It's not unprecedented for a politician to run for elected office in more than one state. Some have pulled it off quite well: in the 19th century, for example, Sam Houston was elected to statewide office in both Tennessee and Texas. More recently, Mitt Romney won statewide races in both Massachusetts and Utah.
It is, however, a tough thing to pull off -- a task made even more difficult when candidates try to reinvent themselves after relocating.
Take Dan Rodimer, for example.
As we've discussed, Rodimer, a former professional wrestler, ran a GOP congressional campaign in Nevada last year. The Las Vegas Republican won his party's nomination, and ran a competitive race in Nevada's 3rd district, but he came up short against Rep. Susie Lee (D). Given the margin -- he only lost by three points -- it was easy to imagine Rodimer trying again in the next election cycle.
The surprise, however, came earlier this month when Rodimer announced that he is trying again, this time running in Texas' 6th district, hoping to fill the vacancy left by the late Rep. Ron Wright (R).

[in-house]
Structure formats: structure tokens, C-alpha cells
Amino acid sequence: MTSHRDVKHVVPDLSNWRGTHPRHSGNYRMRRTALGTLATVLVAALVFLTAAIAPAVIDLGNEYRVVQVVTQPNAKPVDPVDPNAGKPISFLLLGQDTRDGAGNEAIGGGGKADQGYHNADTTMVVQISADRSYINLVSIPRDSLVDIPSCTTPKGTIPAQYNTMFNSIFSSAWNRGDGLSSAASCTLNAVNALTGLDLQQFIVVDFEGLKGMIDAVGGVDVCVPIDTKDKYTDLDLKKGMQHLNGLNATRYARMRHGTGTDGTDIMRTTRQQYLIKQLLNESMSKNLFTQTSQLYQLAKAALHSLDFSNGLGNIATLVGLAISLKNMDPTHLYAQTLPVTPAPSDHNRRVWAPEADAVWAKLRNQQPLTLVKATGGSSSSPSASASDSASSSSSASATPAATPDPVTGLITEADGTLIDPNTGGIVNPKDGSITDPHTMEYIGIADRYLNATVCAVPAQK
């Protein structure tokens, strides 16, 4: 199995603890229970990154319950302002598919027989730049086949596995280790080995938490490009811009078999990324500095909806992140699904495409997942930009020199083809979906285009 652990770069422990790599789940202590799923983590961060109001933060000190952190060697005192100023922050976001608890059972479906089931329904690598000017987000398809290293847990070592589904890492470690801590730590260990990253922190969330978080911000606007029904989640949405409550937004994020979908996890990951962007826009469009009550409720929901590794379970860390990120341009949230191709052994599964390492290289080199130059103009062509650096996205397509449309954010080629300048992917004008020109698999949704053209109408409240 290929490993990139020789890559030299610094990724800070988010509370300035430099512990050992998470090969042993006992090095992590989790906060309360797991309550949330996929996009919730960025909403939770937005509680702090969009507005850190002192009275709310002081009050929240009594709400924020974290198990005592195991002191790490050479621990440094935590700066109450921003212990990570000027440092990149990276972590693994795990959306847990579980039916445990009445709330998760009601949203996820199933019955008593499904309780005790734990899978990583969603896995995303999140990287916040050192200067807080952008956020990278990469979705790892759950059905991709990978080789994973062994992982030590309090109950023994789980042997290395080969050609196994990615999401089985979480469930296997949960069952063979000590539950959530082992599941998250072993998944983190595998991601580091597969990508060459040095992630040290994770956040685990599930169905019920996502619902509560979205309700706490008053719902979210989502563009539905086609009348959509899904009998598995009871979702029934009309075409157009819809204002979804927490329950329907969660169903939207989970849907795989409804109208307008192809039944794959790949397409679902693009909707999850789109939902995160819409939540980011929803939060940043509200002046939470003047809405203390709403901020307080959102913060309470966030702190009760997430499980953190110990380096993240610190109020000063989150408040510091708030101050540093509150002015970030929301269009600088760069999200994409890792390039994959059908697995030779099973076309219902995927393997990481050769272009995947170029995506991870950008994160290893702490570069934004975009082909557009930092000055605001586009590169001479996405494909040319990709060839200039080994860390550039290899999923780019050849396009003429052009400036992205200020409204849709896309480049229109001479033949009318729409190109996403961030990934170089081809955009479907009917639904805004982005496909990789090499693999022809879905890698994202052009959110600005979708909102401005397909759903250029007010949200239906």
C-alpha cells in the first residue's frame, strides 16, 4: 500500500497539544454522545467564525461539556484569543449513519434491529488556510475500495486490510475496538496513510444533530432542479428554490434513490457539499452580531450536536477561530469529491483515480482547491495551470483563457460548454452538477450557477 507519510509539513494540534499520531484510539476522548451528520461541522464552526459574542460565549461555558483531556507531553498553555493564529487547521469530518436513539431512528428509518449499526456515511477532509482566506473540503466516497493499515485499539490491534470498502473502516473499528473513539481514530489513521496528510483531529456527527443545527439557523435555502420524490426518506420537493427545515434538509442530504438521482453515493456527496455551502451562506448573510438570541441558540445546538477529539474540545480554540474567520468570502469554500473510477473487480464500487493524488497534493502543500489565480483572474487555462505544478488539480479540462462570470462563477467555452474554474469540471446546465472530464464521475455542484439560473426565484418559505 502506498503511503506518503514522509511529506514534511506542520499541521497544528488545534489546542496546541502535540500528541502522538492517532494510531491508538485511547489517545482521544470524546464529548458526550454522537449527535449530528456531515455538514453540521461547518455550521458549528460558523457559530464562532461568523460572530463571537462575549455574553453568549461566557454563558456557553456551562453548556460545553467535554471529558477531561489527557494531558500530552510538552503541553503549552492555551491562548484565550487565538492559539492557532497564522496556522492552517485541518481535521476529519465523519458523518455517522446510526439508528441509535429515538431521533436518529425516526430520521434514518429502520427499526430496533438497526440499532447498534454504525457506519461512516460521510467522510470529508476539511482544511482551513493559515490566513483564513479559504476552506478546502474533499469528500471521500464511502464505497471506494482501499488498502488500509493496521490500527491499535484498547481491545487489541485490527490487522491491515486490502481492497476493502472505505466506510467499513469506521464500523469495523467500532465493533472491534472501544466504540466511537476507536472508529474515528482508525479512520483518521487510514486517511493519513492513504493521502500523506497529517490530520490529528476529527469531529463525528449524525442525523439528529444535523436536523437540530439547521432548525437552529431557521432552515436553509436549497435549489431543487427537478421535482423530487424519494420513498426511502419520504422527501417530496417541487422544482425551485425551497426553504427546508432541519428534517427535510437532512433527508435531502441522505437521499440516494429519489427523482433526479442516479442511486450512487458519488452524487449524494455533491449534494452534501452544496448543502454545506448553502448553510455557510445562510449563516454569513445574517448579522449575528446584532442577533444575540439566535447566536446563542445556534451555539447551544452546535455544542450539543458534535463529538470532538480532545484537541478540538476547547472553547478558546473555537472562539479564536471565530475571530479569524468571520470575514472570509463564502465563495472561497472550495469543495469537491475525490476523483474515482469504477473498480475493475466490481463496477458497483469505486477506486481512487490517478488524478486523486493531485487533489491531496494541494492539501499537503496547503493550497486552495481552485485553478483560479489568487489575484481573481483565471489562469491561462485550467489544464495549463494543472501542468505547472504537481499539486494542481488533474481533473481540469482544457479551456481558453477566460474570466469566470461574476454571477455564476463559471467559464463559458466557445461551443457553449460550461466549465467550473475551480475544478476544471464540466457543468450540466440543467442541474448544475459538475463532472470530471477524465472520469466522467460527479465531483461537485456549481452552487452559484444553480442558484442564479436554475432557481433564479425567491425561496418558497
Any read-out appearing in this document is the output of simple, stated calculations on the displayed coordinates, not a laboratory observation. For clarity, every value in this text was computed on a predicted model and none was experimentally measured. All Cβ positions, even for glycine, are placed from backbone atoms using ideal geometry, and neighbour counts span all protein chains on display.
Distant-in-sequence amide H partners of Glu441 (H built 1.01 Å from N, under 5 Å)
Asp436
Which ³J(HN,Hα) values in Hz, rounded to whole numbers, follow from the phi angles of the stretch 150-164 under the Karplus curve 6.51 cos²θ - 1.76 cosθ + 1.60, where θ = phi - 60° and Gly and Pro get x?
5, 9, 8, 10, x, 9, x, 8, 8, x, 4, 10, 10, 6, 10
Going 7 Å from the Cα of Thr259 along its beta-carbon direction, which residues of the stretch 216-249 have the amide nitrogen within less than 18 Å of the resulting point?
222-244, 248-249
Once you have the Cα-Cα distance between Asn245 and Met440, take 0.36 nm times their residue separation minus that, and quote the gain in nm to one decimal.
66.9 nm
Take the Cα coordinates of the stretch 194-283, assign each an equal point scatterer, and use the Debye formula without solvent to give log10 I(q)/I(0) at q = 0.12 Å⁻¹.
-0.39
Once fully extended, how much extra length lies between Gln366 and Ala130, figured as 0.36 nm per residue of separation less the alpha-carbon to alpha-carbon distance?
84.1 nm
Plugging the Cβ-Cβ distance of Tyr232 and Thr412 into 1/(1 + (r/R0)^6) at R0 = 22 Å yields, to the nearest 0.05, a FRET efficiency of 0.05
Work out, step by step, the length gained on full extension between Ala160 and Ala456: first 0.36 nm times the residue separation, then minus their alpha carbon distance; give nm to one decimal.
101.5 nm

By any fair measure, it's strange to see a federal candidate run in one state, lose, move, and then run again in an entirely different state, all within five months. But making this story even more usual is the degree to which Rodimer has transformed. The American Independent reported:
In his Nevada race, Rodimer ran ads painting himself as a clean-cut, family man — wearing a collared shirt and seated on a couch with his wife and five children.... Now, Rodimer is back and running in a special election in Texas' 6th District.... And Rodimer looks like a totally different person, donning a cowboy hat and positioning himself as a rodeo bull rider with a Texas accent.
Mother Jones' Mark Helenowski did a nice job lining up two very different messages from the same candidate, less than a year apart. Here, for example, is Nevada's Dan Rodimer, speaking softly, running in a suburban district, and here is Texas' Dan Rodimer, presenting a new, gruff persona with an accent he apparently picked up quite recently.
Even some Republicans are making fun of the New Jersey-born candidate and his efforts to reinvent himself.
I won't pretend to know whether Dallas-area voters will find this compelling, but we won't have to wait too long: the congressional special election is scheduled for May 1. A runoff seems inevitable -- there are roughly two-dozen candidates running in a jungle primary -- and it's scheduled for May 24.
Lydia Bean, one of Rodimer's Democratic rivals, told him in a tweet, "I know you're new around here so let me introduce you to an important Texas phrase: all hat, no cattle. Doesn't take a bull to notice someone completely full of it."